From Mark Levine, the Doc with Pink Tights
We are being bombarded with information about the COVID-19 pandemic. Areas that you may be wondering about are treatments for patients with severe COVID-19 infections, and vaccines to prevent the COVID-19 virus. My editor asked me to comment on research methods to help you better understand what you are hearing and reading about.
Patients with cancer are considered at increased risk for COVID-19. This makes biologic sense, as patients on chemotherapy or immunotherapy, or patients with advanced cancer, can have weakened immune systems. This is one of the reasons to screen for symptoms of COVID when asymptomatic cancer patients come to the Juravinski Cancer Centre. The goal is to detect COVID positive cases and prevent spread.
It is also believed that if cancer patients contract the infection, their cancer outcomes, e.g. survival are worse. Sometimes, this has resulted in COVID positive cancer patients not being offered potentially curative chemotherapy because of the concern that chemotherapy will further suppress the immune system. Is this the right thing to do?
What do I look for when reading a research paper reporting on the outcome of patients, for example, the survival of COVID positive cancer compared to COVID negative cancer patients?
I would want to see a large number (in the many hundreds) of cancer patients followed forward over time, with about half having COVID-19. Then, after 12 months, I would compare the survival of the COVID positive group versus the negative group. It is important to ensure that all patients at the beginning were followed until the end. We call this lost to follow-up. If greater than 20 per cent of patients are lost, the results should be questioned.
What you may not know is that the observation that cancer patients with COVID do worse in terms of their cancer is based on a very poor-quality study of only 18 cancer patients from Wuhan China. Although it makes sense to be extra careful when deciding on treatment for cancer patients with COVID, I hope that higher quality research studies will emerge soon to inform clinical care.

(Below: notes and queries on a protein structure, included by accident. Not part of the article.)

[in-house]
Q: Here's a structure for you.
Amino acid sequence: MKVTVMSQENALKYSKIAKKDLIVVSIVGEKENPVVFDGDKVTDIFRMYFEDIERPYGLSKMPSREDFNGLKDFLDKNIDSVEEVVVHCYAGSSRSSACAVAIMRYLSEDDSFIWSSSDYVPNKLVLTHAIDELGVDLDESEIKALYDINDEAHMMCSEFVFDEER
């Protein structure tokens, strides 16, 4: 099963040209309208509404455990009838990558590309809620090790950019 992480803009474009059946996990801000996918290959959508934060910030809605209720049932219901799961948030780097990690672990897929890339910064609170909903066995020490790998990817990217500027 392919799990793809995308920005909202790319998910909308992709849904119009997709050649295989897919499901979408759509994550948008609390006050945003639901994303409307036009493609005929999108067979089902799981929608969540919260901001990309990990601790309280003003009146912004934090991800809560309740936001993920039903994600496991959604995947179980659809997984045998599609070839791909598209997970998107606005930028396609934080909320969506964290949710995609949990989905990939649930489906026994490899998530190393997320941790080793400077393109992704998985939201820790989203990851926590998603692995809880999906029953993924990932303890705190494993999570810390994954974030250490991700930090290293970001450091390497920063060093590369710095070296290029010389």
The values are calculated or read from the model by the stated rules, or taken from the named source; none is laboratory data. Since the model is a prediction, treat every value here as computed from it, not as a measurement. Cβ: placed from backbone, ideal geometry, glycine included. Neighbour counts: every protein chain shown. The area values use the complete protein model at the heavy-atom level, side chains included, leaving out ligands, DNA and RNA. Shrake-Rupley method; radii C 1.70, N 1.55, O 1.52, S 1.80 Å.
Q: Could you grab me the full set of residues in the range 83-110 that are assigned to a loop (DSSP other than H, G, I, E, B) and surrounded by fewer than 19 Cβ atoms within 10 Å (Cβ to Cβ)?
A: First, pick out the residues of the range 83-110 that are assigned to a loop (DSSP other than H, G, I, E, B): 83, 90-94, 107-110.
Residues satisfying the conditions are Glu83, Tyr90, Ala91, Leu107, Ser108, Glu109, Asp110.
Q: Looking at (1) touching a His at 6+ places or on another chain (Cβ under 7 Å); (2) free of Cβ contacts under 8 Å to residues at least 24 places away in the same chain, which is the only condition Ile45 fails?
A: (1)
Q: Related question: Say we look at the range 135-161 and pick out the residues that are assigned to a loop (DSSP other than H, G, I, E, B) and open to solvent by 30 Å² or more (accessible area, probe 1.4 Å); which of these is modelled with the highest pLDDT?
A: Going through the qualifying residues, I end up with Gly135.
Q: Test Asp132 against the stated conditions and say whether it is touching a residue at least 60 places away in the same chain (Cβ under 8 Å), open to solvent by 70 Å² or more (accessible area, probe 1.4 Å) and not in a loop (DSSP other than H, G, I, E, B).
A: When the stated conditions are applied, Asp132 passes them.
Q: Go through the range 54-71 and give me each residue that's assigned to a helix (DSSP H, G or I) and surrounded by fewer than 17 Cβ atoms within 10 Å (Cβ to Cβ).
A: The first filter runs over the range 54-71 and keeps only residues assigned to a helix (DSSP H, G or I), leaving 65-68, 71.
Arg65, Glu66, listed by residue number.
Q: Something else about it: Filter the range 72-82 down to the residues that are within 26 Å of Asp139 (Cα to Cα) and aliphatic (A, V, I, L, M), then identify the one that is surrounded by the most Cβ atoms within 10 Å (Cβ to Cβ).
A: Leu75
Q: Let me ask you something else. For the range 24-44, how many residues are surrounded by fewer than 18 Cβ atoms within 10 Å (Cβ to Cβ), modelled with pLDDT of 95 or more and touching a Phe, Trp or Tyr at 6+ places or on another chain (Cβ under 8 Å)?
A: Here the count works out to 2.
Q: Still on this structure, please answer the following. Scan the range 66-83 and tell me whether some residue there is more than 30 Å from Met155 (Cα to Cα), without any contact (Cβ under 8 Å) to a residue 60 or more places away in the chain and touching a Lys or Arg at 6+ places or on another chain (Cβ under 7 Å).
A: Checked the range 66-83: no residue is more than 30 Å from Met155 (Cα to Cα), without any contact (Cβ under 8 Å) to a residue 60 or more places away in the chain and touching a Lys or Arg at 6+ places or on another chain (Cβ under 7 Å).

Patients with severe infection can have a severe inflammatory process in the lungs which results in very low oxygen levels and the need to be put on a ventilator. This has happened in large numbers of patients in Italy and New York City and it’s frightening. You have read a lot about chloroquine, a drug which can suppress inflammation and is used to treat lupus, rheumatoid arthritis and malaria. (I took it 40 years ago when I travelled in South East Asia). Chloroquine also has an anti-viral effect in laboratory experiments.
What do I look for when reading a research paper reporting on whether a treatment works or not?
I would want to see a large trial where some patients received chloroquine and some did not. The best design is called a randomized controlled trial (RCT). In this type of study patients are allocated by random chance to chloroquine or not (ideally a placebo). The outcomes, both efficacy and safety, are compared between the two groups. The RCT design minimizes bias in evaluating the comparison of two treatments.
A small study of 36 patients in France led to the immense interest in chloroquine. This study was not randomized. The sample of patients was mixed, with some of the patients on ventilators and others not. There were 20 patients who received chloroquine and 16 who did not. Patients who received the drug had a quicker decrease in their viral load than patients who did not take the drug.
This study was flawed. It was not randomized. Why some patients received the chloroquine and others not, is unclear. It could be that certain patients were selected to receive the drug. This introduces bias and is not a fair comparison. The outcome of decrease in viral load can be considered a surrogate or substitute for whether the patient’s condition improved.
Does clearing of the virus from the body equate to coming off a ventilator and leaving hospital recovered?
Perhaps. It really is impossible to draw any firm conclusions from this study. Nonetheless, U.S. President Donald Trump decided this drug works and advocated for it. Many patients are being administered this drug.
Is this a problem? In my view it is because chloroquine can cause heart problems such as arrhythmias, which are electrical disturbances. Recently, one study of chloroquine in Brazil was stopped because of cardiac toxicity and a second study in the United States reported that chloroquine did not reduce the risk of going on a ventilator in patients with COVID-19 and was associated with increased mortality. These studies were not RCTs. Whether chloroquine is beneficial in patients with COVID-19 will only be addressed by a large, well-done RCT, such as the one recently started by investigators at Hamilton Health Sciences.
In next month’s edition, I will continue this discussion and talk about vaccines for COVID-19.